Three Florida-based institutions are pooling resources in the Personalized Medicine Partnership of Florida, which is tasked with discovering markers that could predict individual responses to drugs for cancer, metabolic diseases and cardiovascular diseases.

PMP Florida combines preclinical research capabilities and technology platforms from the Sanford-Burnham Medical Research Institute, Florida Hospital's clinical research expertise and patient population, which is one of the largest in the state, and the H. Lee Moffitt Cancer Center & Research Institute's established protocols for obtaining and storing patient samples and data.

Sanford-Burnham and Florida Hospital already have a collaboration in personalized medicine. In 2008, they founded The Translational Research Institute for Metabolism and Diabetes (TRI) to identify preclinical and clinical markers that reflect subsets of heterogeneous metabolic and cardiovascular diseases.1 PMP Florida will enable the two institutions to expand their efforts to include cancer and will add Moffitt's unique resources to their existing capabilities in personalized medicine research, Deborah Robison, director of communications at Sanford-Burnham, told SciBX.

Indeed, Moffitt was looking to apply its resources beyond cancer, said John Reed, CEO of Sanford-Burnham and professor at Sanford-Burnham's NCI-Designated Cancer Center.

Moffitt has "protocols for educating patients about participation in clinical trials and obtaining patients' consent to take DNA samples and gain access to their medical records and other data" that enables personalized medicine research, Reed said.

Additionally, "Moffitt has one of the world's largest biospecimen banks and robotic technology to aid sample storage and retrieval," he said.

Moffitt's protocols and technologies were developed for the center's Total Cancer Care program, which started in 2003 to aid the development and design of individualized cancer treatment regimens based on the genetic profile of a given tumor and the patient's lifestyle, medical history and other factors.

Exempli gratia

Although PMP Florida's steering committee has not yet selected specific projects, "we would like to conduct a number of small, focused pilot studies and then expand those to larger studies," said Reed.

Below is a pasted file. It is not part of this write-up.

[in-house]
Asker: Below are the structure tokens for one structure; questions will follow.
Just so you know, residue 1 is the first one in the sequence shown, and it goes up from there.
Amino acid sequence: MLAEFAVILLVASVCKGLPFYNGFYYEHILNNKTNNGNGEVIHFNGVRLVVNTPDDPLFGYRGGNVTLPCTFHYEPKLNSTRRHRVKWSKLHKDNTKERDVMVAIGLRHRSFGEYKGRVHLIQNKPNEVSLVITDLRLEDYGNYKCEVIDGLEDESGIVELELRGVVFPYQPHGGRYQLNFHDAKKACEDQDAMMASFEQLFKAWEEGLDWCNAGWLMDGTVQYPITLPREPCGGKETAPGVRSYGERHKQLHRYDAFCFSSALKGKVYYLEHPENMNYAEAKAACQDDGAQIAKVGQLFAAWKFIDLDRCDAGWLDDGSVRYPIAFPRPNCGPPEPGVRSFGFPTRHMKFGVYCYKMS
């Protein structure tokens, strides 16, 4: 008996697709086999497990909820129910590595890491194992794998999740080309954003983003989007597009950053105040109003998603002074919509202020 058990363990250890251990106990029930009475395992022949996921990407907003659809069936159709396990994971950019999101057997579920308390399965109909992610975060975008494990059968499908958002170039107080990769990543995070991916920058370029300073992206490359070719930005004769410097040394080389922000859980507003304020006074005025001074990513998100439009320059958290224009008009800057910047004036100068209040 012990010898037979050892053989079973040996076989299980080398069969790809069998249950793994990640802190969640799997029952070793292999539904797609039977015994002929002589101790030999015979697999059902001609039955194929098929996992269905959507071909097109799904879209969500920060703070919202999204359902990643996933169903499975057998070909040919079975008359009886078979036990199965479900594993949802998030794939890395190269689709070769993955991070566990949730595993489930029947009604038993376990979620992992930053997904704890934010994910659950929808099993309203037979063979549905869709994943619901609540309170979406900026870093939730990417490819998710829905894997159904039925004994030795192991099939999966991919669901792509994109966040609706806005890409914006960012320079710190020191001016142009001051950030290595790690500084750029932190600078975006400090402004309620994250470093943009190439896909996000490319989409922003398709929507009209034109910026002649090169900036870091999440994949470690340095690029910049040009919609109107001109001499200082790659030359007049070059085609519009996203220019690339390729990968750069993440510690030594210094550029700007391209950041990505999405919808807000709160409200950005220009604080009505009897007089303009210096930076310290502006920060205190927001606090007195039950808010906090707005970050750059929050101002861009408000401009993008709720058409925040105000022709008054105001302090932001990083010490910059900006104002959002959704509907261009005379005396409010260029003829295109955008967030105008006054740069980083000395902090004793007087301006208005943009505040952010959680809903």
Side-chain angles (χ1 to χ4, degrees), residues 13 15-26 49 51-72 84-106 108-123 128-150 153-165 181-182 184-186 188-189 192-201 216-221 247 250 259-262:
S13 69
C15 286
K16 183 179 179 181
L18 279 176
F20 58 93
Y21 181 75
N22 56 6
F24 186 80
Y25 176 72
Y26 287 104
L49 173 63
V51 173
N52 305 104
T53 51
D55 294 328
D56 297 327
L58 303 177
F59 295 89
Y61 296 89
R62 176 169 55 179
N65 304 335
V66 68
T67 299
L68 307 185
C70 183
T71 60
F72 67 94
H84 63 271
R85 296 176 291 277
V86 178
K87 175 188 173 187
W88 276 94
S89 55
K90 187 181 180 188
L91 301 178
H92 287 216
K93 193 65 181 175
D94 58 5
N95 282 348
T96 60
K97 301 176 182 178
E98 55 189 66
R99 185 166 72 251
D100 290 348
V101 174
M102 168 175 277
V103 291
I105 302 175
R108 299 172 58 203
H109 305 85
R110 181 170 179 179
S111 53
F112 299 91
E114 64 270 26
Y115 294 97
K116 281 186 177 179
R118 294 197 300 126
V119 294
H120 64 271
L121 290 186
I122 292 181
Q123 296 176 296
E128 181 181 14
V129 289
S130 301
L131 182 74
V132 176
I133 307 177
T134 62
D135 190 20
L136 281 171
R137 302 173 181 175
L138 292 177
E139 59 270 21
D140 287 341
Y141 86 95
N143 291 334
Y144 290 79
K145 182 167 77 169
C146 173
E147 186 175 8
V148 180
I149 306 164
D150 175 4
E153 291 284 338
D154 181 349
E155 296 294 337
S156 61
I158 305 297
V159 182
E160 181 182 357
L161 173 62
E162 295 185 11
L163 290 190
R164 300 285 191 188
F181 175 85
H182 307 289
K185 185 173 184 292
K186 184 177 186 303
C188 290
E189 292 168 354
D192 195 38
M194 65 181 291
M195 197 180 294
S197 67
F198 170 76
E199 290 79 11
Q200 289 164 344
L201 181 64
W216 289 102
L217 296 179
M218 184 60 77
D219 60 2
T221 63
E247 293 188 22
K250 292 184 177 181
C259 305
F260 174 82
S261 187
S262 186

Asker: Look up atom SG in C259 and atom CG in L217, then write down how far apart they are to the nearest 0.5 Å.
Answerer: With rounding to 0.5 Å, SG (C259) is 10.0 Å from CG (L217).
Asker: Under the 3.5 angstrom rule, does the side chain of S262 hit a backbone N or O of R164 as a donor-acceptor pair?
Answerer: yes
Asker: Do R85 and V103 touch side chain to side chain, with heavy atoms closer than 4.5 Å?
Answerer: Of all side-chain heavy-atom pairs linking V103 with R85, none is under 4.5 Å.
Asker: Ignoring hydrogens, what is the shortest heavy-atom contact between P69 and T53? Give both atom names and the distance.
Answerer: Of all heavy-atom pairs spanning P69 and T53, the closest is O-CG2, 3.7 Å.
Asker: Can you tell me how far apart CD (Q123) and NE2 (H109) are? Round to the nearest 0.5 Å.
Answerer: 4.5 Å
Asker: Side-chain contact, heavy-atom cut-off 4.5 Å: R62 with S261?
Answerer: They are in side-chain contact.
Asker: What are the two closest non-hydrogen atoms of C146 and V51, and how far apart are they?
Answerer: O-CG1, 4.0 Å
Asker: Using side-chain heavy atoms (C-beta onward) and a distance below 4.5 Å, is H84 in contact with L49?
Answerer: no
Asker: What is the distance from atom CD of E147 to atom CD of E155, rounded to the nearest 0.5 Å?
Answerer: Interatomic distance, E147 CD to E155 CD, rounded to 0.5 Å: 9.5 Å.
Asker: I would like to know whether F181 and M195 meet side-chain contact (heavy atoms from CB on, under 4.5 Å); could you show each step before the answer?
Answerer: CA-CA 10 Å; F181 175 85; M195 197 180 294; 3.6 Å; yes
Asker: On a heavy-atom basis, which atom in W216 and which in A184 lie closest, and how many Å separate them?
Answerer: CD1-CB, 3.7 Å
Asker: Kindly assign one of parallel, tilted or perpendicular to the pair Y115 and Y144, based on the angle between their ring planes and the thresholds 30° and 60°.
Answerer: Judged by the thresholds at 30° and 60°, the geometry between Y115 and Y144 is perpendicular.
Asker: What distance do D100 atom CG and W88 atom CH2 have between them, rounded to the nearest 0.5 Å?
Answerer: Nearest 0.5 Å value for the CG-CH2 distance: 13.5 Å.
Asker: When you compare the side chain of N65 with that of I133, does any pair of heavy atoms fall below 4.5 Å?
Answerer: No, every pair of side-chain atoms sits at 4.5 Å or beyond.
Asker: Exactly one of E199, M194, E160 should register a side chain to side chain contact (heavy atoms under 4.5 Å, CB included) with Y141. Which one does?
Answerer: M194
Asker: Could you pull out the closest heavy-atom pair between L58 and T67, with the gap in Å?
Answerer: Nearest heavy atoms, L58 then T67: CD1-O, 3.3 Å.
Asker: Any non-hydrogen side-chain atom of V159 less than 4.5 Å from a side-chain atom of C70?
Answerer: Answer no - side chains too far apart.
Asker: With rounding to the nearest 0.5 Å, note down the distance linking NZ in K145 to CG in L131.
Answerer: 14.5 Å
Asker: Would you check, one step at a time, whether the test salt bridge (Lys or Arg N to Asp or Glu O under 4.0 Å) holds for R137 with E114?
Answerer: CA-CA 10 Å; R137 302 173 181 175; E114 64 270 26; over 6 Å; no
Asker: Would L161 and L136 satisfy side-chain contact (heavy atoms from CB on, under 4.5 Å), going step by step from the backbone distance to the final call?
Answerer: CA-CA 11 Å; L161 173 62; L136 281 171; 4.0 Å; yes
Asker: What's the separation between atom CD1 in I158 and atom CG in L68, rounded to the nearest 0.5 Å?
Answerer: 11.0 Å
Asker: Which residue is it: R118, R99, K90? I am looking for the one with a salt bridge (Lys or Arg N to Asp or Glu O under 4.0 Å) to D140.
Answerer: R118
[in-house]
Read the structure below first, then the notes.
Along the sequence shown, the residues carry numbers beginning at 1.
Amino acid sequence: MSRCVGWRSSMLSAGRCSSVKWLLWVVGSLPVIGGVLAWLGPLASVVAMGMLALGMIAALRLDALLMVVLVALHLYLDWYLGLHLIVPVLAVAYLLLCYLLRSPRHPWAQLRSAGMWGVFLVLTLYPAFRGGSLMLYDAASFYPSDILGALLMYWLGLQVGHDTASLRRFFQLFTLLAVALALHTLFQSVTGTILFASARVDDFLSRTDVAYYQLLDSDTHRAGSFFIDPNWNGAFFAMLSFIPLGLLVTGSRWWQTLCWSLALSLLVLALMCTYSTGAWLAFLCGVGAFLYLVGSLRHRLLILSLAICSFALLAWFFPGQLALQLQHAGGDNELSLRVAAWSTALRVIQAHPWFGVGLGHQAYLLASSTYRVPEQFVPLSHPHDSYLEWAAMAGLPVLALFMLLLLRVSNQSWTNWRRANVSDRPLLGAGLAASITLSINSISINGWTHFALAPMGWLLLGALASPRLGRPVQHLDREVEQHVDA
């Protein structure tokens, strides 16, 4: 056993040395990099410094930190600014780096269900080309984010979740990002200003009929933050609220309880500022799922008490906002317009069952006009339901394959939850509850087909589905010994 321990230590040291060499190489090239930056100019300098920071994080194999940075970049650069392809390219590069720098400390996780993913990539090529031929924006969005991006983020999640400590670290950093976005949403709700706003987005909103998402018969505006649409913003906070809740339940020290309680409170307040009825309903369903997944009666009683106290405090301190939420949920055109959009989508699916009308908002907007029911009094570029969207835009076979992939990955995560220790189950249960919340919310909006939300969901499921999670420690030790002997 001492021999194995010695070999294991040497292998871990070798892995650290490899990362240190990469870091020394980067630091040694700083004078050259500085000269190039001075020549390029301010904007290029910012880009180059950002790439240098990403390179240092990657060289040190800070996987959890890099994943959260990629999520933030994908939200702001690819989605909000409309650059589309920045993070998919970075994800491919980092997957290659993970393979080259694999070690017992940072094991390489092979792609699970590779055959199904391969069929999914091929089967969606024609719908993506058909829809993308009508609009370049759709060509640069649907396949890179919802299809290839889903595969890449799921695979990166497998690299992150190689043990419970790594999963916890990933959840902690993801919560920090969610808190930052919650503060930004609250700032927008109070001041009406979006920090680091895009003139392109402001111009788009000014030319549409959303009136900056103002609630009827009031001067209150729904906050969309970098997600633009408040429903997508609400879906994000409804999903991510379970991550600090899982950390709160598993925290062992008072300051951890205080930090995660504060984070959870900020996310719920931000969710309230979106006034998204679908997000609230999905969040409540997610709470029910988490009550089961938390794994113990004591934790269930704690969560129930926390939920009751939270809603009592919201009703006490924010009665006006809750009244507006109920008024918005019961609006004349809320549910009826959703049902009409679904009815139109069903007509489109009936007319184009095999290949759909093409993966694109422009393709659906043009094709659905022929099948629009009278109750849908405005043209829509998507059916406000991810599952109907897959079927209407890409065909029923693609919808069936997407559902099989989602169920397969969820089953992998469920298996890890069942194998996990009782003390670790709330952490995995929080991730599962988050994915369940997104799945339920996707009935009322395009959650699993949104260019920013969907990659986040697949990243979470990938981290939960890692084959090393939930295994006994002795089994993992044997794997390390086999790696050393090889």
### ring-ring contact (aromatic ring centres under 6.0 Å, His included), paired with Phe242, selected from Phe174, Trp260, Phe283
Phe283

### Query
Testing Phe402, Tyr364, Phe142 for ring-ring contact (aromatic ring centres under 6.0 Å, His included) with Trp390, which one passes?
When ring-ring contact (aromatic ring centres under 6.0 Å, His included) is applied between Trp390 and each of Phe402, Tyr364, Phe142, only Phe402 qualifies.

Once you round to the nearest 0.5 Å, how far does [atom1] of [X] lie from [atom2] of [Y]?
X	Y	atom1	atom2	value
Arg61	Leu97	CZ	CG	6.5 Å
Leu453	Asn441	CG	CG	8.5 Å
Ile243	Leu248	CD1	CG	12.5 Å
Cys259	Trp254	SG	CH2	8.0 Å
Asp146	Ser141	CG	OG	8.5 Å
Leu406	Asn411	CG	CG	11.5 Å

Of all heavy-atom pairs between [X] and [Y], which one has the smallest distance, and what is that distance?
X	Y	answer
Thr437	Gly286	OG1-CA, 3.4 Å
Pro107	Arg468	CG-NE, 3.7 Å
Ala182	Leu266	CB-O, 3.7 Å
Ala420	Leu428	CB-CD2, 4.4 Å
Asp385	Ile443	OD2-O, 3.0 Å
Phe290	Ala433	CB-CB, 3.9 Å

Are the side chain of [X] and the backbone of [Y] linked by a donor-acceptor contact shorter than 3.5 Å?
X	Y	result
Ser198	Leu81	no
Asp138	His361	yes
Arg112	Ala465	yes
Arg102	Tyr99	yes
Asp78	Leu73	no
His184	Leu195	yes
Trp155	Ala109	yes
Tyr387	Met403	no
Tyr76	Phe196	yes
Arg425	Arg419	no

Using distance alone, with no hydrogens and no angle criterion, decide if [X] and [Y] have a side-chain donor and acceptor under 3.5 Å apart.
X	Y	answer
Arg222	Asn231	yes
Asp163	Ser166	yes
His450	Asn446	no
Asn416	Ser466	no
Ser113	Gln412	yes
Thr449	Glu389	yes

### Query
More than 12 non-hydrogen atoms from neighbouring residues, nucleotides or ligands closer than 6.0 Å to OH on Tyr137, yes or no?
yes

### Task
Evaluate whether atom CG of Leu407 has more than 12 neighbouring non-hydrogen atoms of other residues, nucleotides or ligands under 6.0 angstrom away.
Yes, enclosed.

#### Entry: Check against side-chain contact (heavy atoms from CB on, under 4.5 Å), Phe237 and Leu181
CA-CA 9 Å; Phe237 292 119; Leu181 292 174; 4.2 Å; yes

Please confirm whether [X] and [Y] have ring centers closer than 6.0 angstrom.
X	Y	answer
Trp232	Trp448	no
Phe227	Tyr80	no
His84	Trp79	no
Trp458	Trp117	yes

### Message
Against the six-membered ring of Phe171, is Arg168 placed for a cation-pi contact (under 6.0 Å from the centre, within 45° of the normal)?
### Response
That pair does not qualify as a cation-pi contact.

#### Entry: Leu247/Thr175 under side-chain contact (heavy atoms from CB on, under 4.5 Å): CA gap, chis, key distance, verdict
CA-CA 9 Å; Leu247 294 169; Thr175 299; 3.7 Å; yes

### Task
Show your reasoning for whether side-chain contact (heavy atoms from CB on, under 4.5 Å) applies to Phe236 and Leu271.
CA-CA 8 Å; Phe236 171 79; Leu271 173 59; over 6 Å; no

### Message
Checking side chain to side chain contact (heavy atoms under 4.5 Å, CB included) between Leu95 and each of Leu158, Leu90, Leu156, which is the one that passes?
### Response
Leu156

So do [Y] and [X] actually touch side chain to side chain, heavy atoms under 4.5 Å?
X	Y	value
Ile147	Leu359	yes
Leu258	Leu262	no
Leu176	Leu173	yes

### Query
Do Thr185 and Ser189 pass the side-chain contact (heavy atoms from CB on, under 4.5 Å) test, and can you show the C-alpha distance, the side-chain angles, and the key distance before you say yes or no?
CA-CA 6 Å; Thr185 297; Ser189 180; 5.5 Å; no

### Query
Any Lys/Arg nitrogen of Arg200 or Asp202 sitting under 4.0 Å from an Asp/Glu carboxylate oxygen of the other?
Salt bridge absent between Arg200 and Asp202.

As an example of a type of project PMP would pursue, Reed cited a study by a team from Sanford-Burnham and other academic institutions that sought to identify markers of response to b-blockers to treat heart failure in patients with diabetes.

Poor therapeutic response to those drugs is a major cause of relapse in patients with heart failure, "and re-admission to the hospital due to heart failure relapse is a problem that has a major healthcare cost," he said. "So the question was: could we find candidate genes that predict the risk of relapse and rehospitalization?"

The team focused on a SNP on uncoupling protein 2 mitochondrial proton carrier (UCP2) that is associated with increased risk of coronary artery disease (CAD) and diabetes. Because b-blockers decrease UCP2 expression, the team hypothesized the presence or absence of the SNP could predict treatment responses in diabetic patients who received b-blockers following a diagnosis of myocardial infarction (MI) or unstable angina.

Indeed, in patients with diabetes who harbored the UCP2 SNP, compared with patients who did not have diabetes, b-blocker therapy was associated with an 11-fold increase in the rate of rehospitalization due to cardiovascular issues. In patients with diabetes who did not have the SNP, b-blocker therapy resulted in an 80% decrease in the rate of rehospitalization compared with no b-blocker therapy.2

"So, one idea for PMP Florida is to expand this to a larger validation study to predict treatment outcomes and, ultimately, decrease healthcare costs" in this population of patients, Reed said.

This summer, the partners plan to identify a handful of pilot projects for PMP Florida from the research portfolio of each institution. Reed said the partnership expects to begin with two or three projects in cancer and two or three in metabolic and cardiovascular diseases. Cancer projects would probably focus on response to targeted therapies, he added.

Robison said each partner will fund its own activities within PMP Florida and that the partners will share any IP generated by PMP Florida.

Additionally, "the partnership will be a vehicle to attract revenue," she said. "We will pursue collaborative grant opportunities at the state and federal levels, and we hope to attract the interest of biotech and pharma." Robison noted that PMP Florida has not yet determined when to apply for grants or at what stage to seek corporate partners for a given project.

She added that the respective projects of PMP Florida and TRI will be complementary rather than overlapping.

Haas, M.J. SciBX 5(9); doi:10.1038/scibx.2012.220
Published online March 1, 2012


1.   Haas, M.J. SciBX 4(16); doi:10.1038/scibx.2011.446

2.   Beitelshees, A.L. et al. Pharmacogenet. Genomics 20, 231-238 (2010)


      Florida Hospital, Orlando, Fla.

      H. Lee Moffitt Cancer Center & Research Institute, Tampa, Fla.

      Sanford-Burnham Medical Research Institute, La Jolla, Calif.

      The Translational Research Institute for Metabolism and Diabetes, Orlando, Fla.